Last Updated on January 5, 2018
A pre-built PC is ready to go right away whereas a custom gaming PC takes time to get to an optimal state. Should you go with a pre-built or a custom gaming PC?
It really comes down to what you’re looking for. A pre-built might let you get right into the action with the overall PC experience but you usually miss out on power per dollar spent. A custom gaming build lets you optimize how much you’re spending but you’ll have to learn how to put it all together.
Luckily it doesn’t take a computer scientist to put a PC together and there is plenty of material out there to help you out! Let’s go over both choices and decide which is the better route.
What Are You Trying To Accomplish?
Do you want to learn how to build a PC?
Do you want to order a PC online and have it work right when you plug it in?
Do you want to get the most bang for your buck or are you willing to pay for convenience?
These are the types of questions you need to ask yourself before deciding on going with a pre-built gaming PC or doing a custom gaming PC build of your own.
Both have their pros and cons which is what we’ll be going over in the next couple of sections.
Pre-Built Gaming PC
Usually a pre-built gaming PC means that you’re getting ripped off a bit because the people working for the company making the computers need to get paid and the company needs to make a profit.
There are plenty of examples of companies that aren’t making the PCs with power per dollar spent in mind. A couple of good examples would be Xotic PC, Digital Storm Computers and Xidax – The builds themselves are high quality, you can expect to get a PC that’s nicely built and it’ll work.
What you can’t expect is to pay $600 for a pre-built PC and be able to run higher demanding titles over the next few years. Some companies make PCs where you can’t even upgrade them yourself, after opening up the case you void any sort of warranty you had with them.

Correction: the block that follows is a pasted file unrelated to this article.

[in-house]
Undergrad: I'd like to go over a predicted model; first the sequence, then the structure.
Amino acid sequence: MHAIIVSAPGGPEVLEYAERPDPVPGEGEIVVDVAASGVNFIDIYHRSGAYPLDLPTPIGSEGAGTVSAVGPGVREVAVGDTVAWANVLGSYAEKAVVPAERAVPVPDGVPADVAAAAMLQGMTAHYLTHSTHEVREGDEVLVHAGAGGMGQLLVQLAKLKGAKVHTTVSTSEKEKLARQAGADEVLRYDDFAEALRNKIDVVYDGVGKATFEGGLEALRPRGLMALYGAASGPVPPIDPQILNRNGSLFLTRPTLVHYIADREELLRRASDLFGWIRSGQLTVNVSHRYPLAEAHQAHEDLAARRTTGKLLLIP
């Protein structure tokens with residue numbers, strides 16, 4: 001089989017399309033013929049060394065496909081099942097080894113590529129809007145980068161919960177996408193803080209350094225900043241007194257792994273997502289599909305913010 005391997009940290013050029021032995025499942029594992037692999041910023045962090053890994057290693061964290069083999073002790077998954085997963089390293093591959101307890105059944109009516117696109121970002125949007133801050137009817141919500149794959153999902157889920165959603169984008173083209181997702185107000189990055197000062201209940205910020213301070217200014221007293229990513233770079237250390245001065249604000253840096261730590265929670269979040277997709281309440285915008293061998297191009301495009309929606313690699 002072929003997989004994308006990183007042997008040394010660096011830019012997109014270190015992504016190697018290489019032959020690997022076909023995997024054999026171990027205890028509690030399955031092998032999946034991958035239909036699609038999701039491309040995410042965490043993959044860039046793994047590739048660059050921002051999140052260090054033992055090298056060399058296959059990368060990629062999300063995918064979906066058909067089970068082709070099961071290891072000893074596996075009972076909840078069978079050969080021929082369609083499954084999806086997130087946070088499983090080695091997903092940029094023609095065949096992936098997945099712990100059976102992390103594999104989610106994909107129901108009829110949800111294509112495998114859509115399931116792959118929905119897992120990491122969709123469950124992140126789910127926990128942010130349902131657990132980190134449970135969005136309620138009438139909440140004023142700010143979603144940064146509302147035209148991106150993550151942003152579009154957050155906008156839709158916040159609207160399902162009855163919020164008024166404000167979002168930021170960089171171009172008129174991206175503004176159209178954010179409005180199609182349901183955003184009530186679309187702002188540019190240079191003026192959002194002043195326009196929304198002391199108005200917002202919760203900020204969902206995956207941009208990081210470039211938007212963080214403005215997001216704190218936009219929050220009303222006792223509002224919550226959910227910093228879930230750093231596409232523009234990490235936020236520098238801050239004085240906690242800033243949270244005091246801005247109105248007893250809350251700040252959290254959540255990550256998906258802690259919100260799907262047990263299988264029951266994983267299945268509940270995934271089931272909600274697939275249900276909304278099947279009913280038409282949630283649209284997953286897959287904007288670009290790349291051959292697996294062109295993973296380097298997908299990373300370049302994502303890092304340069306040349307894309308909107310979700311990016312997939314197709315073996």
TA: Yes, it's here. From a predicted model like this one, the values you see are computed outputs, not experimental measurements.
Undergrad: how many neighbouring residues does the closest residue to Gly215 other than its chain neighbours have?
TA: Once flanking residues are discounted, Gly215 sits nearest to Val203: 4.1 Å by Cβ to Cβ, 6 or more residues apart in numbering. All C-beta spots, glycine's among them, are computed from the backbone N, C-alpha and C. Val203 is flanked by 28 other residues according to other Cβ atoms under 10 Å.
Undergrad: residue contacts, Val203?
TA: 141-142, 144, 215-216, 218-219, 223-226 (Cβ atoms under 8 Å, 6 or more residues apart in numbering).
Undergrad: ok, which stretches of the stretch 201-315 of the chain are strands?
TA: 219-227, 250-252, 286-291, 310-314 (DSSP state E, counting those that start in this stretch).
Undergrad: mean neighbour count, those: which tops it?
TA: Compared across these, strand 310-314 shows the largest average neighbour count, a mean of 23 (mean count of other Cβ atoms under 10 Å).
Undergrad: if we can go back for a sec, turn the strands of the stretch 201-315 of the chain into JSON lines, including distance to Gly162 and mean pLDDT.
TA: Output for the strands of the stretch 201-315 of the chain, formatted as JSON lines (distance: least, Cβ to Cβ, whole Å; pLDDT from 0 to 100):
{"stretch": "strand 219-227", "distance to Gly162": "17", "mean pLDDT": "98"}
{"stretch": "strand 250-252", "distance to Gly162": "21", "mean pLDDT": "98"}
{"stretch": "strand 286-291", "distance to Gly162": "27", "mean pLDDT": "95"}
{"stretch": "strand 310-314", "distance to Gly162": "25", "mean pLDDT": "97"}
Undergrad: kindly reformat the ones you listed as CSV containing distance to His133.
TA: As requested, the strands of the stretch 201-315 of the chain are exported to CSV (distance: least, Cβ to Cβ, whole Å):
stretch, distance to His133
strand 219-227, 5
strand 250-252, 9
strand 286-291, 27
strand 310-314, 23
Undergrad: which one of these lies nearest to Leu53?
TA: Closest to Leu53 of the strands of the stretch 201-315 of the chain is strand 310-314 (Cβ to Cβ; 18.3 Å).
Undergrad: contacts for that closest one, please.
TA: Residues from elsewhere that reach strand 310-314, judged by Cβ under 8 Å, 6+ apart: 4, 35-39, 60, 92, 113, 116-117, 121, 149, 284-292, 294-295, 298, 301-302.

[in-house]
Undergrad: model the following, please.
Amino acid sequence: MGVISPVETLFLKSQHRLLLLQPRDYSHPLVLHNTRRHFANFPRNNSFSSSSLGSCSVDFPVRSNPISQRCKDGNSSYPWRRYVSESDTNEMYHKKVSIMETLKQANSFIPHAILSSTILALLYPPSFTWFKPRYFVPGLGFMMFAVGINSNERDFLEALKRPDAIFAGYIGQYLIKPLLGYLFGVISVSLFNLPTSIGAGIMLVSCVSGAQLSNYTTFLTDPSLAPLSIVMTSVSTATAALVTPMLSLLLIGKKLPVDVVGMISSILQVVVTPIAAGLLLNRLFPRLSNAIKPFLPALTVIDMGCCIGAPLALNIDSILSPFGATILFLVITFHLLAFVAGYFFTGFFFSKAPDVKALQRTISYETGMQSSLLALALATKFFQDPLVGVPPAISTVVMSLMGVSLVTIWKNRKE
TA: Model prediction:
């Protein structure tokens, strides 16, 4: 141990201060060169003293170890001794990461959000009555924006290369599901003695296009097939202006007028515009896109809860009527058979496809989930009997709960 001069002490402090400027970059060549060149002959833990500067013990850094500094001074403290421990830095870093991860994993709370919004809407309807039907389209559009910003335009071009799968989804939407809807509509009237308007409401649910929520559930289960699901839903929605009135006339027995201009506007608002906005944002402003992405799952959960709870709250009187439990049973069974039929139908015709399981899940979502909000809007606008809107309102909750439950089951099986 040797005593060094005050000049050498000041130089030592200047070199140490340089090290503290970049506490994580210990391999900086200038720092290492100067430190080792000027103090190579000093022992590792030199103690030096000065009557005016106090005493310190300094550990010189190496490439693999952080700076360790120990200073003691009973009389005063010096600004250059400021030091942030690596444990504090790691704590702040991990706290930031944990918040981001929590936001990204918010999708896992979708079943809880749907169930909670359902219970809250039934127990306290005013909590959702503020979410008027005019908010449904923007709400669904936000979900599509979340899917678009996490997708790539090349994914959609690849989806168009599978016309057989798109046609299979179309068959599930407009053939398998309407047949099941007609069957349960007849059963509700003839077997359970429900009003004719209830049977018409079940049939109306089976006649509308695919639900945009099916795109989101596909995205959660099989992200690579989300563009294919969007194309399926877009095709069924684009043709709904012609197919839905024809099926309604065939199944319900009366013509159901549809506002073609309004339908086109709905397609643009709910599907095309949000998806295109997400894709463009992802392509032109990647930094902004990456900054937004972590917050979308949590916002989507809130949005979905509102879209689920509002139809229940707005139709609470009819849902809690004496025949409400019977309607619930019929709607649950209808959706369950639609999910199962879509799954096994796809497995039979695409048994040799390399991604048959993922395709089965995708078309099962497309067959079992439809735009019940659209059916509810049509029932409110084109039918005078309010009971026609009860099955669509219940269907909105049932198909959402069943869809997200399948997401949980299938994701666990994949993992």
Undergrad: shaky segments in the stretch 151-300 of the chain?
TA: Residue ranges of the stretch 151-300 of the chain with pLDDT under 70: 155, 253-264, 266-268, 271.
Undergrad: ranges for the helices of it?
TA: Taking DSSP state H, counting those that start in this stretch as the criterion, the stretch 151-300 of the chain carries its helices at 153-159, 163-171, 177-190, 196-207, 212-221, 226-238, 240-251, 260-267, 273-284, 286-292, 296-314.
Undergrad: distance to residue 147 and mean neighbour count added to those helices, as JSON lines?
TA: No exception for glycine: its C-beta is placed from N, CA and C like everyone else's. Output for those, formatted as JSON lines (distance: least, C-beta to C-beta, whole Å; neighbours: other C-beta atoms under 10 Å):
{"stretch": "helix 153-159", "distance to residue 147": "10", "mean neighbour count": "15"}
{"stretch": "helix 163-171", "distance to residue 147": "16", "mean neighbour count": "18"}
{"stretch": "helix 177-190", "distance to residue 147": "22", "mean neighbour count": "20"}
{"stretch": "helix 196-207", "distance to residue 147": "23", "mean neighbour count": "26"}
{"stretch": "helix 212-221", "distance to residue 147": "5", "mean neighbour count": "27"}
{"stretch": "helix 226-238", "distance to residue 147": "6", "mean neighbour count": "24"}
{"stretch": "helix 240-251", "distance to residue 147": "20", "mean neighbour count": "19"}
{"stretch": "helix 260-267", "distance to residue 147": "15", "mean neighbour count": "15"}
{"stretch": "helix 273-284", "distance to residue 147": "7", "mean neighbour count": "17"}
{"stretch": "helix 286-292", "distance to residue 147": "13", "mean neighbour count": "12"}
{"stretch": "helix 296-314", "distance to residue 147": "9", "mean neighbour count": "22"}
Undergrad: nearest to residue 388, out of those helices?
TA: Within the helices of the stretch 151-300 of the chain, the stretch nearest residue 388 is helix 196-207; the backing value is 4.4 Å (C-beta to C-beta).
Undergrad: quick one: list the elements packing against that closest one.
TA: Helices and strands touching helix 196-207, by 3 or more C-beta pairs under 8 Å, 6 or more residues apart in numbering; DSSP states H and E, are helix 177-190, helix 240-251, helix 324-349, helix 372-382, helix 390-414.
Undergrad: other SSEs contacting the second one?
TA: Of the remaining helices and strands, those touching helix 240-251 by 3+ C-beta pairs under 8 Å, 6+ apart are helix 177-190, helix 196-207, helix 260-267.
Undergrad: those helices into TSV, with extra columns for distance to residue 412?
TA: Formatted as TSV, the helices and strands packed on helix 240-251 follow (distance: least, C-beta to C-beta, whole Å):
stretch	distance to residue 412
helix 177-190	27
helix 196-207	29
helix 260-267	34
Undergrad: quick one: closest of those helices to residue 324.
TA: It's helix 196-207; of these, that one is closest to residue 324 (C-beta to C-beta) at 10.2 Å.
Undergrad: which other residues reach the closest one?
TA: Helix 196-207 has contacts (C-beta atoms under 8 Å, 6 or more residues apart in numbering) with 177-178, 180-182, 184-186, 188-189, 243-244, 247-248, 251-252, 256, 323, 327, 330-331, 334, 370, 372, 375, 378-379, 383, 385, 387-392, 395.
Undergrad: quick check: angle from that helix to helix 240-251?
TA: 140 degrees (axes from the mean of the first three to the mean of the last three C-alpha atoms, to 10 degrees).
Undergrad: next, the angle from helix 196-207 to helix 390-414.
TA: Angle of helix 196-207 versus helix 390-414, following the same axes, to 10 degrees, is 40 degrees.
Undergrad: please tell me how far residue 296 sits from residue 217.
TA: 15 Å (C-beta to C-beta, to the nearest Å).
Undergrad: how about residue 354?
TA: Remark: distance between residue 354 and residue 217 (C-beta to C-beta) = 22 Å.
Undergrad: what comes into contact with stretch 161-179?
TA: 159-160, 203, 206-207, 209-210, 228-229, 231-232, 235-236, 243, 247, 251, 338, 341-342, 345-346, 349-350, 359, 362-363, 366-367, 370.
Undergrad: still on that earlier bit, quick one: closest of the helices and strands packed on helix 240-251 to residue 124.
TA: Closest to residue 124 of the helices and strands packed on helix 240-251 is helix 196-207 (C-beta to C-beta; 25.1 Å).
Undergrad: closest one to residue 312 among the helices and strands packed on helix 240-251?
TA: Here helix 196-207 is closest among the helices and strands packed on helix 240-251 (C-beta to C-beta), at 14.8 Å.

The beauty of a gaming PC is the freedom that comes with it. You pay a higher price than traditional consoles because you gain the freedom to use it however you like to. There are some companies out there that don’t promote the best part about having a gaming rig.
Not all pre-built PCs are bad though, check out these pre-builts from CyberPowerPC for example, the prices aren’t too much higher than what it’d be to build them and they have the spec requirements met even for gaming in virtual reality. There are a few different versions of the build on the product page.
Another reason for getting a pre-built PC is that most will come with a hardware warranty and/or tech support. This is the usual reason why some people want to get something that is pre-built because they have a support team ready to help them out with any problems they might encounter.
I can’t personally vouch for what having that type of support is like since I’ve never had a pre-built of my own, I’ve only messed around with some friends PCs before.
Pre-built PCs also come with Windows 10 and they also usually come with a keyboard and a mouse. These extra costs that are added to doing a build of your own sometimes scares people away from doing a custom gaming PC build.
Another gripe that I have with some pre-built PCs is that bloatware might come with. Some sort of anti-virus program trying to sell you packages, random driver software that isn’t essential or other annoying software with pop ups could come pre-installed. This isn’t with every pre-built, I’d make sure to do your research on if a PC has bloatware before getting one. 9/10 times you’ll be able to uninstall them.
Overall, a pre-built PC provides an experience that is ready to go right when it gets delivered to you. However, you don’t get an optimal power per dollar spent and with a few companies out there you aren’t able to upgrade the PC since it voids their warranty policy.
- Ready to use right away, no assembly required.
- Usually comes with Windows 10 and a keyboard/mouse combo.
- Tech support and hardware warranties usually come with.
- You don’t get an optimal level of power per dollar spent.
- Some companies have a seal on the PC where if broken, your warranty is void.
- You don’t get to choose the parts that you want for the actual cost of the parts.
- Some pre-built PCs might have bloatware pre-installed.
There are plenty of reviews here on different pre-built PCs, I encourage you to read through some of them and see what would work best for you! Here is a list of PC reviews for you to check out.
Custom Gaming PC